The Law provides that businesses must ensure prices are clear and legible. The Regulations provide further restrictions. For example, the price of a commodity cannot be increased if credit cards are used as the means of payment, and suppliers must advise customers of any discounts to be offered within one week of purchase. Customers have a right to claim a refund for the difference if they are not notified in advance. Businesses will need to carefully assess their pricing models to ensure compliance with this new obligation.

Suppliers cannot advertise discounts without consent of the competent authorities and there are more detailed restrictions relating to price fixing and anti-competitive behaviour. Such articles must be considered alongside the UAE competition laws.

The Regulations also provide the Ministry with wide scope to take interim measures to curb any sudden price increase of a commodity. For this, inflation levels, foreign exchange rates, and the price of the commodity in adjacent countries, will be taken into account.


Suppliers must provide warranty documentation upfront, which explicitly outline a warranty period. Warranty periods should be commensurate with the nature of the commodity or rendered service. The period of warranty will begin from the date that the consumer receives the original commodity or a replaced commodity if the original was defective.

Suppliers are under an obligation to maintain an adequate aftersales service and offer consumers spare parts where required within specified time limits. Businesses will need to maintain a written mechanism, in Arabic, for the provision of spare parts and maintenance services, and make this easily accessible for consumers.

Defective commodities

The Regulations set out more detailed procedures for recalls of defective products. This includes more prescriptive procedures for notifying the relevant authorities and for notifying consumers – each must be done within strict timeframes. The Regulations further emphasise the ability for consumers to demand a replacement or refund of defective products – which the supplier must again provide within strict timeframes.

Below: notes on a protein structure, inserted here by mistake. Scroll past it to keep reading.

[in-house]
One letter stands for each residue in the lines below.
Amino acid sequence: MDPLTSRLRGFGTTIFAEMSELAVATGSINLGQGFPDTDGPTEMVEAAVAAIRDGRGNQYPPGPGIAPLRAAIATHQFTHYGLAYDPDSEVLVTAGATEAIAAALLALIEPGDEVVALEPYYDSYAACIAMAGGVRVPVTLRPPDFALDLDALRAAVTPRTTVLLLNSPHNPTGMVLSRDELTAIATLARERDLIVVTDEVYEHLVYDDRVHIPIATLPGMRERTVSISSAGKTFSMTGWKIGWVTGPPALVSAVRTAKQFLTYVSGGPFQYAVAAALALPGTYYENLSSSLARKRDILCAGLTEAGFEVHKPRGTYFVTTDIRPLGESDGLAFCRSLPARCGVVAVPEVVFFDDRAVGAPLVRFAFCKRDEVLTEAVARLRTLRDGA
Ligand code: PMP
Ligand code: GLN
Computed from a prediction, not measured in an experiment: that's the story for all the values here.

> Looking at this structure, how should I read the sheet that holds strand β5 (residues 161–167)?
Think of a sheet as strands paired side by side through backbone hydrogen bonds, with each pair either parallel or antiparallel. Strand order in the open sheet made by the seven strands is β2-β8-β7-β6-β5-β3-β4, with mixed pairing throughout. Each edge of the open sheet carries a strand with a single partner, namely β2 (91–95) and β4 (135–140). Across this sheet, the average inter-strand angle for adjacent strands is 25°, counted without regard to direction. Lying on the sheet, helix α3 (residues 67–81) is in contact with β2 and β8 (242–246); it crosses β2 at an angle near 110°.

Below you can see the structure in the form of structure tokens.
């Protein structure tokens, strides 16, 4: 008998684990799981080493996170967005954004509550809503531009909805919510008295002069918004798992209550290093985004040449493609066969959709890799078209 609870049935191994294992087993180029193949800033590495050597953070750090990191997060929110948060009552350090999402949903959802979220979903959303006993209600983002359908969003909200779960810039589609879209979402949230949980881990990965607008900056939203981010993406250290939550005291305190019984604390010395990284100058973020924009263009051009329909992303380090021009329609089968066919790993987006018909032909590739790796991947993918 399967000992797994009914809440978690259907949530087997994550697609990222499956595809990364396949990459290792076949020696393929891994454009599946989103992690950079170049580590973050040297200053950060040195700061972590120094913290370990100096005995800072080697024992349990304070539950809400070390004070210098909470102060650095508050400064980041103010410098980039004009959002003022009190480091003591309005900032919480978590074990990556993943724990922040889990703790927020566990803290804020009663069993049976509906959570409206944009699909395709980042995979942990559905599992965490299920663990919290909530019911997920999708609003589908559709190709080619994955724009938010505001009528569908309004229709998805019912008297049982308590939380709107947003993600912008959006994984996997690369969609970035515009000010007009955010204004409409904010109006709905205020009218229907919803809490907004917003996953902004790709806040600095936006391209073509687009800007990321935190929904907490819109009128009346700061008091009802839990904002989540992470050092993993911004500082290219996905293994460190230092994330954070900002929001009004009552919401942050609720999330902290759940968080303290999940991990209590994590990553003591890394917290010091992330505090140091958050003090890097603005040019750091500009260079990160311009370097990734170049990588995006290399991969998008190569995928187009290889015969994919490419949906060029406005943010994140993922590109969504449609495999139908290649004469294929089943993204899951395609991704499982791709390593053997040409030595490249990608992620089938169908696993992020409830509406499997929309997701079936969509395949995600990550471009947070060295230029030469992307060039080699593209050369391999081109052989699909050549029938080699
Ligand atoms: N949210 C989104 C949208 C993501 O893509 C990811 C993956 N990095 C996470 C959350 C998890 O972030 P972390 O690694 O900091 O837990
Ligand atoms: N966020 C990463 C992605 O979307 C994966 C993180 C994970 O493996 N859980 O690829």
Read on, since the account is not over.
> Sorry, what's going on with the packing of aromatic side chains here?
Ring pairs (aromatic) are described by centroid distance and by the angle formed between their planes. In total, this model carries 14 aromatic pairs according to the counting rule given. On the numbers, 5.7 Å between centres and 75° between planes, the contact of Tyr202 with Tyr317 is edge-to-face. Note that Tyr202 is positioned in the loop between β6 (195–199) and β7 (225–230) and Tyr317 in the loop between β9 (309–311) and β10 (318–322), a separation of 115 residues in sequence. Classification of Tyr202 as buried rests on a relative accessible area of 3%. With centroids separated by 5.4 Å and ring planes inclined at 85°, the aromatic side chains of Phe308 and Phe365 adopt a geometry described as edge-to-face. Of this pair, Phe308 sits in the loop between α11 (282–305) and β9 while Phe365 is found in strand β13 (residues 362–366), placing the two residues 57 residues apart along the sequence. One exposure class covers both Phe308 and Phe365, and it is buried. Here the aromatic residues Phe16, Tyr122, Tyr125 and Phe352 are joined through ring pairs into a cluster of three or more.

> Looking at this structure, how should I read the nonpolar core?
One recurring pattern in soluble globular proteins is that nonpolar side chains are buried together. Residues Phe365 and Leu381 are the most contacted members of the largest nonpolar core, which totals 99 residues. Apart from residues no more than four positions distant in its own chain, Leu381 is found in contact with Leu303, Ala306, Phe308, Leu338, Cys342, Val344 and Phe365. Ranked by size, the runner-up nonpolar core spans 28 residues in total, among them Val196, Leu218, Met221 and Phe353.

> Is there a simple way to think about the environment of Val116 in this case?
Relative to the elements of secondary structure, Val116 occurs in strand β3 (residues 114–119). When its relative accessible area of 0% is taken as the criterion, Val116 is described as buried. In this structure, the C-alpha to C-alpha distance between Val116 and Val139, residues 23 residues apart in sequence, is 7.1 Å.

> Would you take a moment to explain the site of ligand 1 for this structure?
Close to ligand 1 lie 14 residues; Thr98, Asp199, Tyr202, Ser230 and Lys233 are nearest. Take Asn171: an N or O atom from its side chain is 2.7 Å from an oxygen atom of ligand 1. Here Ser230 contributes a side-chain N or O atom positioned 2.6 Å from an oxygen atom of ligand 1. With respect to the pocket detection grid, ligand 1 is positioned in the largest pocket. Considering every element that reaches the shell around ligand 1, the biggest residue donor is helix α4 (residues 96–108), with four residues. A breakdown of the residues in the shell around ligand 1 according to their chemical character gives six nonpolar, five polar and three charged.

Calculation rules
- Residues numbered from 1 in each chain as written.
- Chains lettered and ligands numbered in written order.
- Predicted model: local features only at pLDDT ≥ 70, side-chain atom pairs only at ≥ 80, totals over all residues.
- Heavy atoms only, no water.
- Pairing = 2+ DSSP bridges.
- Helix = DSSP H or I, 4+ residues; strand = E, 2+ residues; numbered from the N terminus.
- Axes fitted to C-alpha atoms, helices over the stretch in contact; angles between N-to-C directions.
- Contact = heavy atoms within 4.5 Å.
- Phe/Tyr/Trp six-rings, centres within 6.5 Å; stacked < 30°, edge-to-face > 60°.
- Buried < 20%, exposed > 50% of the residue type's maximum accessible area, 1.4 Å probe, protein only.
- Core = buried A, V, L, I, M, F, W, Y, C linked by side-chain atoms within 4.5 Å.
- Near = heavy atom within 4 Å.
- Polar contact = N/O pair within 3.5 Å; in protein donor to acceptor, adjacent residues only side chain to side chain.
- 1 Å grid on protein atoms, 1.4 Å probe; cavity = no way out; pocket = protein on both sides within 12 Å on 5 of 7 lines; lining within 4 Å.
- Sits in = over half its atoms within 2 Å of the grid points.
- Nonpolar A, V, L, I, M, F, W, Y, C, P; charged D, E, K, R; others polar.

Businesses should ensure that their internal systems and policies allow for these timeframes to be adhered to.


The Law and the Regulations make provision for the issuing of civil and criminal penalties where certain articles in the legislation are breached. The maximum penalties for non-compliance that can be imposed are a fine of AED 2,000,000 ($544,600) and/or two years’ imprisonment.

The Ministry may also impose administrative sanctions and financial penalties on a supplier if it is found in breach of any provision. This can include revocation of a supplier’s licence and, in the case of a commercial agent, removal from the commercial registry.

Actions for businesses

The Law and the Regulations contribute to a growing framework of legislation that supports the rights of consumers in the UAE. Businesses need to familiarise themselves with the legal framework and ensure internal practices, policies, and consumer-facing documentation are compliant. It will be important for businesses to ensure appropriate governance and organisational structures are in place, with regular training for staff.

Co-written by Mohammad Tbaishat and Alexandra Bertz of Pinsent Masons.